On a recent visit to the big smoke, he and I were having a pint and he mentioned they were moving house and that after 10 years and 3 small children, the table might benefit from a bit of a refurbish.
A week later, I received an email to say the table was on its way and was in a bit of a sad state but had been “much loved”. Indeed it turned up in more pieces than I remember.
It had been specifically designed to come apart so that it could be installed in the flat they lived in at the time, however, during a subsequent house move, it hadn't so much been taken apart as totally dismembered by an overzealous removal man and had not really been quite the same since.
Wobbly isn't the word to describe it. Any dinner parties surely must've been accompanied by a bout of motion sickness. It must've been like eating at the Captain's table on the HMS Victory. This assumption was borne out by the red wine and other food stains (possibly seaweed) which tell their own tales of dining in a Force 8 gale.
It was indeed a sad sight, but somewhere in there was the old table that I lovingly crafted as a first job in my new career as a fledgling cabinet maker many moons ago. So I set about stripping it back together with the benches that had suffered an attack from a ball point pen.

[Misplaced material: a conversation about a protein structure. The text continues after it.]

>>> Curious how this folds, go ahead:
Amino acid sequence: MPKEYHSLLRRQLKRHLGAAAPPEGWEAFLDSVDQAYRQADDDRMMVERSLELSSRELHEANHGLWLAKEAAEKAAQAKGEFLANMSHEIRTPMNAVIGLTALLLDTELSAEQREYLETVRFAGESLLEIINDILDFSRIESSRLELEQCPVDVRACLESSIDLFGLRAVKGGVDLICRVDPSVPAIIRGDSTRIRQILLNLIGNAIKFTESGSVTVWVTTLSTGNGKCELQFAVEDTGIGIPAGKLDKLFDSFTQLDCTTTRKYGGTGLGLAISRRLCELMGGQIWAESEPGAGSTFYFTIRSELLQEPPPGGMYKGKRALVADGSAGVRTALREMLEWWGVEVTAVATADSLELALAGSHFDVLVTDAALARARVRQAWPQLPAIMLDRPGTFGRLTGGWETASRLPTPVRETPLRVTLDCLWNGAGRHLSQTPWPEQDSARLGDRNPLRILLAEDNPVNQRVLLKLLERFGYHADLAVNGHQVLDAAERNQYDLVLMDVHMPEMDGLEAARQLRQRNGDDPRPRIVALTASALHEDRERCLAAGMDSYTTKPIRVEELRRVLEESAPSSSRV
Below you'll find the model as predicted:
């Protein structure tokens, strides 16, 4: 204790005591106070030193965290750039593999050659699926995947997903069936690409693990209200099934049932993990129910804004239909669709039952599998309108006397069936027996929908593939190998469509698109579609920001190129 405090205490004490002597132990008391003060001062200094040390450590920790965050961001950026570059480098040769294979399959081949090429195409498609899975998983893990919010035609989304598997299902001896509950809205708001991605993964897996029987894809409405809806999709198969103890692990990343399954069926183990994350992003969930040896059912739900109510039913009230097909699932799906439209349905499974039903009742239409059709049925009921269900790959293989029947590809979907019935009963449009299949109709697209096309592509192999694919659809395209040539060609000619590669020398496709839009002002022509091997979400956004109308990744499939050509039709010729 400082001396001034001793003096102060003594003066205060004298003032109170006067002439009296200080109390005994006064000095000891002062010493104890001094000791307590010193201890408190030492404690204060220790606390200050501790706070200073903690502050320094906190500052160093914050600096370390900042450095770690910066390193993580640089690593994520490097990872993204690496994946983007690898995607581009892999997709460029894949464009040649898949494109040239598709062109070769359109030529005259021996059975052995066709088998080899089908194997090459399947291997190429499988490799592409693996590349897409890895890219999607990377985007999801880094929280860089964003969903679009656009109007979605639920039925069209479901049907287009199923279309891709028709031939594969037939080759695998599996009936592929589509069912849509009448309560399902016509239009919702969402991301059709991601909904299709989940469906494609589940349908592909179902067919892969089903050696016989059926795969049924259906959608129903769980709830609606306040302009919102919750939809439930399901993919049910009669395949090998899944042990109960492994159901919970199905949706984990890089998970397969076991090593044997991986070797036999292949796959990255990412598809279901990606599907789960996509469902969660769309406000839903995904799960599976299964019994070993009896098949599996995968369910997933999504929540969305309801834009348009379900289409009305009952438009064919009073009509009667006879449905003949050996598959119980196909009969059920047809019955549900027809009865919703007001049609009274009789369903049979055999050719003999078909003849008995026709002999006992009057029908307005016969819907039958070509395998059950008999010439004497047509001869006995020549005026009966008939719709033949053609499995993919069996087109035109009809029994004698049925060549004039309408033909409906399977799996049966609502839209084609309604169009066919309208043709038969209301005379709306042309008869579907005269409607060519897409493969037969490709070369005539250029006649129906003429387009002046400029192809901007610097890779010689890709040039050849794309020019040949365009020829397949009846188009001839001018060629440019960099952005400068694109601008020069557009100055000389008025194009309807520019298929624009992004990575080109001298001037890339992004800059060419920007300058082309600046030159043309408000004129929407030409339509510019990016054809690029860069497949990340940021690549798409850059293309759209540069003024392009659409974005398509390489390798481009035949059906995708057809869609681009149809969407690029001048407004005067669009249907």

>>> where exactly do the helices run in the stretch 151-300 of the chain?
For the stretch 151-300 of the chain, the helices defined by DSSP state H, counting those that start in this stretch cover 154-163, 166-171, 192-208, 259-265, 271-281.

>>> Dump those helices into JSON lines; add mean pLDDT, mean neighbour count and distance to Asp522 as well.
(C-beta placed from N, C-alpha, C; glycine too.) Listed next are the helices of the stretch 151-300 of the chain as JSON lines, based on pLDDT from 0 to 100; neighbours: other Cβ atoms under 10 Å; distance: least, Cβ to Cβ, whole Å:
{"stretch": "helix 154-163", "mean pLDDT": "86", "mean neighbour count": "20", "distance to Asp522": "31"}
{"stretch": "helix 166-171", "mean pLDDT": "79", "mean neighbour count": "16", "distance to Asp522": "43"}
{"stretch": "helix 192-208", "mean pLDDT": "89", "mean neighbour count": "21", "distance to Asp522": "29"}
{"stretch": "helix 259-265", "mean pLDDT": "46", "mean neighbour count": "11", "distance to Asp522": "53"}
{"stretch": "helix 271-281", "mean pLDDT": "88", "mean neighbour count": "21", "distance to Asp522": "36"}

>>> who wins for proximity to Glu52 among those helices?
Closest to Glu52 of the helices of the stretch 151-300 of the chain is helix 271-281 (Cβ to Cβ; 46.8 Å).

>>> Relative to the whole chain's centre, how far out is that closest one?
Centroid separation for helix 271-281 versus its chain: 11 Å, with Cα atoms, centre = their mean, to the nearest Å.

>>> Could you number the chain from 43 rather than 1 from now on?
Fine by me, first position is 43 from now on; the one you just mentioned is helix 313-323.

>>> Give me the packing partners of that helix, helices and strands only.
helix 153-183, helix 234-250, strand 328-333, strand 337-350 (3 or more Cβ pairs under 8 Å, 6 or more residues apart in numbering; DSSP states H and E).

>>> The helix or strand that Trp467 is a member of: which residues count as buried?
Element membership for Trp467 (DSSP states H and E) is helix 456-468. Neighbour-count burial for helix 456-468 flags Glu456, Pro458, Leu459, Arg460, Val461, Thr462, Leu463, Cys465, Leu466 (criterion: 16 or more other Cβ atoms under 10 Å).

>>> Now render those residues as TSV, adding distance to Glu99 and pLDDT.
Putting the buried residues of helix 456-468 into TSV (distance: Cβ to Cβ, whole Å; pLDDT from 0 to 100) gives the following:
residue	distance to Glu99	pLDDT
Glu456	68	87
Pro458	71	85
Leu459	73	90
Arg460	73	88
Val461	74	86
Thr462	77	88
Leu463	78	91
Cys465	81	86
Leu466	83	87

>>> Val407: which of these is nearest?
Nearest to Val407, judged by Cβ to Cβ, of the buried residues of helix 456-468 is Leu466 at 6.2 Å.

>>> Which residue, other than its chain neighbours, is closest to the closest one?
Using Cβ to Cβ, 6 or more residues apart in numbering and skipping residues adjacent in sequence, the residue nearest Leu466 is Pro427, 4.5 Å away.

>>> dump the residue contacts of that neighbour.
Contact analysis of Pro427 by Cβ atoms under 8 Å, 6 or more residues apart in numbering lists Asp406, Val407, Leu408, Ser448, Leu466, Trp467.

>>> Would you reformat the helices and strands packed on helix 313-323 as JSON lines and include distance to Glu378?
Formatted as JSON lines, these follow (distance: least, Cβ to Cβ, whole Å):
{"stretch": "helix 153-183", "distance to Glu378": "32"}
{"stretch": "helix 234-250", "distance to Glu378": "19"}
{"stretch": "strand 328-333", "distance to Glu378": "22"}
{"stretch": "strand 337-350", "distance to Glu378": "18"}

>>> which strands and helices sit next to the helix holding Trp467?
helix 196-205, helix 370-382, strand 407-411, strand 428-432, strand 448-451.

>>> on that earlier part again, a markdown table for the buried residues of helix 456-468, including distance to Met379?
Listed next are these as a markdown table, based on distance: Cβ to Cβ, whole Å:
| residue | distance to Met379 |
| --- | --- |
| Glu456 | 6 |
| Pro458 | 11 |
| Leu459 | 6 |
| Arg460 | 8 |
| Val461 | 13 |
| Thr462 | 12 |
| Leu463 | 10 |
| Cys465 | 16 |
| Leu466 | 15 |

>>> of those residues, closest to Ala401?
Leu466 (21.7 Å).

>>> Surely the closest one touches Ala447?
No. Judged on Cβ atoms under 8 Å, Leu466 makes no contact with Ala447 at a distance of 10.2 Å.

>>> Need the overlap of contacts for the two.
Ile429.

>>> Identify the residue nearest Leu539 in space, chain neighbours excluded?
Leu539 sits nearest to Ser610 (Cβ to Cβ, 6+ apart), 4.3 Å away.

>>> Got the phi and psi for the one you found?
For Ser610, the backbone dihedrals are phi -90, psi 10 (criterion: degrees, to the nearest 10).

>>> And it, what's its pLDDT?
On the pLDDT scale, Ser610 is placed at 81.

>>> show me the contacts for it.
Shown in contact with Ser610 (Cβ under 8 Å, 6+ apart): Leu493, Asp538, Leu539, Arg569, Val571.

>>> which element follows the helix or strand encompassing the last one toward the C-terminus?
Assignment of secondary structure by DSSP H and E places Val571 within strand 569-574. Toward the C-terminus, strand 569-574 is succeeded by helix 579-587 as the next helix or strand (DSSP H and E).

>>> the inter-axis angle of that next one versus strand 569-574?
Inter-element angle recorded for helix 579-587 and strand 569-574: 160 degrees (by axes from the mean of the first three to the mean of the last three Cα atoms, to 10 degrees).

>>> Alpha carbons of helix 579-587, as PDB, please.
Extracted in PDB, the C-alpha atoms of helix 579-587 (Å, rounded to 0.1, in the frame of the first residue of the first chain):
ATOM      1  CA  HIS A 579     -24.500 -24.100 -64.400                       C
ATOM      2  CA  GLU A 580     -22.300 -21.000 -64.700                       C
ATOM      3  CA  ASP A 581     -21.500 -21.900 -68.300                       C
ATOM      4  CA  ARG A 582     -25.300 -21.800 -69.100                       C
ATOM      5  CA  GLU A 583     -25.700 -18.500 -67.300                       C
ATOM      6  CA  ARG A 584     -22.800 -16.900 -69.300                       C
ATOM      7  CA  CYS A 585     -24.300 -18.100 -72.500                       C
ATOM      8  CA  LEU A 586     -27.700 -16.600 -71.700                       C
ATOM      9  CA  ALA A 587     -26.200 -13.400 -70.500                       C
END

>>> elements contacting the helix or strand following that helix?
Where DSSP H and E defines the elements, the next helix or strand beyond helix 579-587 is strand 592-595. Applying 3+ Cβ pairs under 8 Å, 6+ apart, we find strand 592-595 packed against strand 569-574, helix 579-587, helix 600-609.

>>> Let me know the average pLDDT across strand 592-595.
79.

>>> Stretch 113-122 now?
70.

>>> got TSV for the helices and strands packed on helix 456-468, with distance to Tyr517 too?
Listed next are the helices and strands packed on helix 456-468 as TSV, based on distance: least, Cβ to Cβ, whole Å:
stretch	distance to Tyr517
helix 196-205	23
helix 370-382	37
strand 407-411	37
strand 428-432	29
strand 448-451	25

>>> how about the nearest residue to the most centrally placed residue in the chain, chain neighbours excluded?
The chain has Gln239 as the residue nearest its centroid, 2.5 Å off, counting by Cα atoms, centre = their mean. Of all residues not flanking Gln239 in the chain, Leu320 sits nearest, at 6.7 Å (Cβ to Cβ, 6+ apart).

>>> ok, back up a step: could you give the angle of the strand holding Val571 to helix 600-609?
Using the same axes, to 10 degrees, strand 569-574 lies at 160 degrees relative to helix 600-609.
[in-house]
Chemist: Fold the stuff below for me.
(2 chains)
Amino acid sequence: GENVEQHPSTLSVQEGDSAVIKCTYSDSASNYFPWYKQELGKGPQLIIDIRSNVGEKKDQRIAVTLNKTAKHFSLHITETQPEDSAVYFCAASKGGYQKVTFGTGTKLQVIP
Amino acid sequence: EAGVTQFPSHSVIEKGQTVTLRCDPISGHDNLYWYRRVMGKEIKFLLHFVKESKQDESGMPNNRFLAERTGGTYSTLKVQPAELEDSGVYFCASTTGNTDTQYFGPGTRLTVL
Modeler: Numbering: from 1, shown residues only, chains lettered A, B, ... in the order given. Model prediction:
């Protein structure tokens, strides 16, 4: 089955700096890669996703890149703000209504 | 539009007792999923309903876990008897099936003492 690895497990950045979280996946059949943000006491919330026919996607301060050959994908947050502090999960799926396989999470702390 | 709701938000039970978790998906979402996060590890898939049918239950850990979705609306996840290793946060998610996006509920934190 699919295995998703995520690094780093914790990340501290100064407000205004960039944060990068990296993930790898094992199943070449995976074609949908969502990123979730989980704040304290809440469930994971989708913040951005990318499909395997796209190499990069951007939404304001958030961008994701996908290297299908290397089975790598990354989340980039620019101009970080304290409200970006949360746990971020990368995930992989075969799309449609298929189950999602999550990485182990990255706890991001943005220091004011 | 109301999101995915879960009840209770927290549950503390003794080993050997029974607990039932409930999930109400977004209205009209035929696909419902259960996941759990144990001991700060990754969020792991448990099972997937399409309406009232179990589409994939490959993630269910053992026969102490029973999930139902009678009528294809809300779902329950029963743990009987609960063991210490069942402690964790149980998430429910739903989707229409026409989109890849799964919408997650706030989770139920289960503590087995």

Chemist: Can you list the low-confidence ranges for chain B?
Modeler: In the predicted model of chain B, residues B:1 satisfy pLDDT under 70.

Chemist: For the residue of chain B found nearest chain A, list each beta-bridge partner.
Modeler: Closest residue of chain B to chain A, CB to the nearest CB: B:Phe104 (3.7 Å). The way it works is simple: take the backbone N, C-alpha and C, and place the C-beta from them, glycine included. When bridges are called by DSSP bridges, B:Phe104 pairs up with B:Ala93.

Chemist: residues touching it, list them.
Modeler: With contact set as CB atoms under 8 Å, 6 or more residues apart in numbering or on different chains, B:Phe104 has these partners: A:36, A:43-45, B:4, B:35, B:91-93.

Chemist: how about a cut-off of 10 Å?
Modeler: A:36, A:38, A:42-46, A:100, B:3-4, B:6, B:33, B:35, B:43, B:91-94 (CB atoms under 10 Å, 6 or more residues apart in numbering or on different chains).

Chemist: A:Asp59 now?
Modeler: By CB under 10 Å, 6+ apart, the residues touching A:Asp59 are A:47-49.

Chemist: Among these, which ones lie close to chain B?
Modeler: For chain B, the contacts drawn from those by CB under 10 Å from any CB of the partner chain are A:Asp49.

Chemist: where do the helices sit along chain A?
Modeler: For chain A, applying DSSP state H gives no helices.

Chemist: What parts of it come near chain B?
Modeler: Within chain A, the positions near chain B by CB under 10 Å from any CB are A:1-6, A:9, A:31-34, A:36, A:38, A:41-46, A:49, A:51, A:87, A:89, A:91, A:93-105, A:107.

Here lies the beauty of solid oak, in that beneath 10 years of grime and “love” the timber was as fresh as the day it was produced. It is first hand evidence of the virtues in investing in bespoke furniture that I have long been extolling. A mass produced table, usually a composite veneer construction will become irretrievably tatty over time and need to be replaced. Solid oak can be sanded and refinished or can be left to take on the patina of age and if looked after will last many lifetimes. It would be great for business if more people had the foresight of our predecessors when investing in furniture.
I reassembled the table as it was intended, and it stood as proud and solid as the day it was delivered. With it's new coat of oil, my old friend suddenly didn't look so sorry for itself and was fit for many more years of loyal service, this time on dry land.
Somewhat ironically, this time I used a very durable waterproof oil which wasn't available 10 years ago, so any spillages whilst toasting “Wives and Sweethearts (may they never meet)” may be wiped away with a damp cloth, though please use mats under hot plates and skillets.
Avast ye shipmates!!!